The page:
AD 2031, the passengers in the train are the only survivors on Earth.
Imagine, us, human finally manage to come up with a solution to global climate change. A chemical solution that we can spread to our atmosphere and manage to normalize the temperature. But what if it does not stop there? Instead it backfire and not only normalize the temperature but also lowering it further and before we know it, the Earth become a solid mass of ice, it’s Ice Age all over again. And the sole means of survival is on board of a moving train, 24/7, 365 days a year on the Snowpiercer.
Following the ever present theme of revolts against the 1-percenters, Snowpiercer begins right at the beginning of the action. The plan to took over the train already brewing at the back of the train, where the have-nots are huddled together in their ragged clothes. A guidance provided from the mysterious red letter smuggled in their protein blocks become their guide for the plan. Their plan is to go to the head of the train and face Wilford, the mysterious train engineer, and demand equality. Headed by Curtis (Chris Evans), as the leader, the first phase of their plan is to break to the prison to free Namgoong Minsu (Song Kang-ho) and to the extent as his daughter Yoona (AKo Ah-sung). Minsu willing to assist their plan as long as he was paid by kronole, some kind of hallucinogenic substance. Of course, as it always is plan never really went unhitched, hindered by Mason (Tilda Swinton) and other Wilford’s minions, Curtis is about to find the real truth behind beyond the barriers.
The film is made up by a solid ensemble of casts, Evans (sans his Captain America suit) show broken tragic hero that is just enough to carry the entire film. Octavia Spencer, Jamie Bell, Ed Harris and John Hurt, filled their respective role well. The scene stealer is of course the tour de force that is Tilda Swinton as the facsistic fanatic. Decked up in odd prosthetics that elevate her eccentric theatricality especially when combined with her heavy yorkshire accent. Song Kang-ho and Ko Ah-sung return as a father-daughter duet for the second time after The Host. Both giving a worthy performance comparable to their Hollywood counterparts. There were a lot of grim moments in Snowpiercer, same darkness that is commonly found in his film. The huge problem i have with Snowpiercer is how everything was divulged entirely in dialogue, the conclusion, the secrets, the hidden past. I wished for a more subtle delivery and a little less conversational narrative. While The Host got a poignant conclusion in the very end and manage to subtly merge political themes and popular fiction into a delicious roll of genre cinema, Snowpiercer felt really literal and still a little too raw.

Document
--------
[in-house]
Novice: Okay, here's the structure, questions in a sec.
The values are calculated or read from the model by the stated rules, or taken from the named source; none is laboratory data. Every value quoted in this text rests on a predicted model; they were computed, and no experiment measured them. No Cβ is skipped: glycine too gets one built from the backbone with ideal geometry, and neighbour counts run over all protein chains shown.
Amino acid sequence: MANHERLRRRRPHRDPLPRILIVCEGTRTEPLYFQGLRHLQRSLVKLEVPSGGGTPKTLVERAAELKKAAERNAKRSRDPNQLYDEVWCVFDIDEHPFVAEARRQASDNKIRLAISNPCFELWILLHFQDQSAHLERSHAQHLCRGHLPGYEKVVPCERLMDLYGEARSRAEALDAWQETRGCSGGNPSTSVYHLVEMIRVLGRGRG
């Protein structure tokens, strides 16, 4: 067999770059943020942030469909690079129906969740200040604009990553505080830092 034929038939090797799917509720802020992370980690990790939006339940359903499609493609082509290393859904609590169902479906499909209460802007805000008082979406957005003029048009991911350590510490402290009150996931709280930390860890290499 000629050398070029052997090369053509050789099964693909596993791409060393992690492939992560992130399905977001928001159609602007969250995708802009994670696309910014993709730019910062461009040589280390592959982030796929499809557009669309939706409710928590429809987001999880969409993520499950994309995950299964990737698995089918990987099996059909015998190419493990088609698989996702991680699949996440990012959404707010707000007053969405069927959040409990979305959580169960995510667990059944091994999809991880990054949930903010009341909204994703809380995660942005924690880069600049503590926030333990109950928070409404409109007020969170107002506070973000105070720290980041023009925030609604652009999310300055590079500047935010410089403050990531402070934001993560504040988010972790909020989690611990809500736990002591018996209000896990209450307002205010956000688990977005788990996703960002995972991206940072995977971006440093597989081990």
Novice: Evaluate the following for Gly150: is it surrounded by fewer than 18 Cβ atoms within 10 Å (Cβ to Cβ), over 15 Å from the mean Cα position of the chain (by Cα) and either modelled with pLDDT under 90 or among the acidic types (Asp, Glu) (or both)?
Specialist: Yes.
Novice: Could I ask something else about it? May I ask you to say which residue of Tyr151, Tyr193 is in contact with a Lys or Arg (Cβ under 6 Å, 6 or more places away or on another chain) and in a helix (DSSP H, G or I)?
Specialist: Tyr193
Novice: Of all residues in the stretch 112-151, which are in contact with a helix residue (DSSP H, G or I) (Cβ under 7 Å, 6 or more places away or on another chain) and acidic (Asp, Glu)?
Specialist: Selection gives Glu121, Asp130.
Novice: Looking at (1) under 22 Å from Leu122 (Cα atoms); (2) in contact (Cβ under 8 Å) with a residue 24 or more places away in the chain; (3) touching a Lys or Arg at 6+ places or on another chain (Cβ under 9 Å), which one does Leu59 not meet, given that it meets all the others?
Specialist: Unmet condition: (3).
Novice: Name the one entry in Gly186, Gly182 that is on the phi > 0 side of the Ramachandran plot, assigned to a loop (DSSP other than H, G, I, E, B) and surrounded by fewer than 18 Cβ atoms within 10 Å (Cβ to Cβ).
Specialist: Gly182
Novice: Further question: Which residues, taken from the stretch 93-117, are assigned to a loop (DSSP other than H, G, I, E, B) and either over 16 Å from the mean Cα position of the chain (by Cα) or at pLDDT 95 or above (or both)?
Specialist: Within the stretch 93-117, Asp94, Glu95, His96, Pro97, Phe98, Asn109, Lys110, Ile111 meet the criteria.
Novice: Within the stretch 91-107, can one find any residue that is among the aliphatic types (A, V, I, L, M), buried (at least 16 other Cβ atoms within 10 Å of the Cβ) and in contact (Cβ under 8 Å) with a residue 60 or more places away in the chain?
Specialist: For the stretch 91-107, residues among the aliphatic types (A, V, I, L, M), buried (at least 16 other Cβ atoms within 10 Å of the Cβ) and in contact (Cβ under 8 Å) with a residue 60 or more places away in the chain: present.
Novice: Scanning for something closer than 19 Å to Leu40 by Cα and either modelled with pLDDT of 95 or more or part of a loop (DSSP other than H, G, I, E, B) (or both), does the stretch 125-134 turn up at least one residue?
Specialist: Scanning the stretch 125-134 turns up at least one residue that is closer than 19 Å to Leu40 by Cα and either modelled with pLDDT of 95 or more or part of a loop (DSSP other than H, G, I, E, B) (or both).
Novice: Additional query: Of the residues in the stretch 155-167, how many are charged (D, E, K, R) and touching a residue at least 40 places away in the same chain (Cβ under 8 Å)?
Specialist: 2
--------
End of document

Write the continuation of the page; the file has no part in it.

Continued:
Adapted from 1982 french graphic novel Le Transperceneige by Jacques Lob, Benjamin Legrand, and Jean-Marc Rochette, Snowpiercer (설국열차) is Bong Joon-ho’s fifth film so far, but it is the first one with more than 80% its dialogue in English. Which lead to the assumption that this is a hollywood production, much like Park Chan Wok’s Stoker. Well its not. Bong stumble upon the graphic novel during the pre-production of his signature monster flick, The Host (2006). He showed it to his friend and fellow director (Wok), whose production company secure the rights for screen adaptation. CJ Entertainment cough up roughly $40 million investment in the movie, a bargain compared to what Hollywood films from the same genre usually required.
Still, with the said budget Bong and his production team manage to came up with a vision of this train as the post-apocalyptic dwelling of what was left from human. Functioning like a Noah’s Ark on rails with different compartments showing different aspect of living to ensure sustainability and human survival. Gardens, Aquarium-like fish tank, even spas, and night club, showcasing layers upon layers of socio-economical differences while others made up by prisons and overcrowded compartments for those low lives who were forced to stay impoverished while the 1-percenters live in their abundant wealth.
Snowpiercer might not be Bong Joon-ho’s best. But i applaud his guts to go to this type of high-concept genre films and still made it quite smart. I think both the international actors and South Korean ones worked well together, a testament to his directing skill. Although the scripts need a little more finesse, overall i’m still throughly impressed by it. Would love to see what Bong would deliver next.
GENRE Science Fiction, Thriller
DIRECTOR Bong Joon-ho | PRODUCER Park Chan-wook, Lee Tae-hun, Park Tae-jum, Dooho Choi, Robert Bernacchi, David Minkowski, Matthew Stillman | WRITER Bong Joon-ho, Kelly Masterson | MUSIC Marco Beltrami | CINEMATOGRAPHER Hong Kyung-pyo | EDITOR Steve M. Choe | STUDIO Moho Films, Opus Picture, Stillking Films | DISTRIBUTOR The Weinstein Company, CJ Entertainment | COUNTRY South Korea, United States, France | BUDGET $39.2 million | RUNNING TIME 125 minutes | RATING R for disturbing violent content, including torture, and language throughout | RELEASE August 1, 2013 (SK), November 19, 2013 (ID)
STARRING Chris Evans, Song Kang-ho, Go Ah-sung, Jamie Bell, Alison Pill, John Hurt, Tilda Swinton, Octavia Spencer, Ed Harris, Luke Pasquallino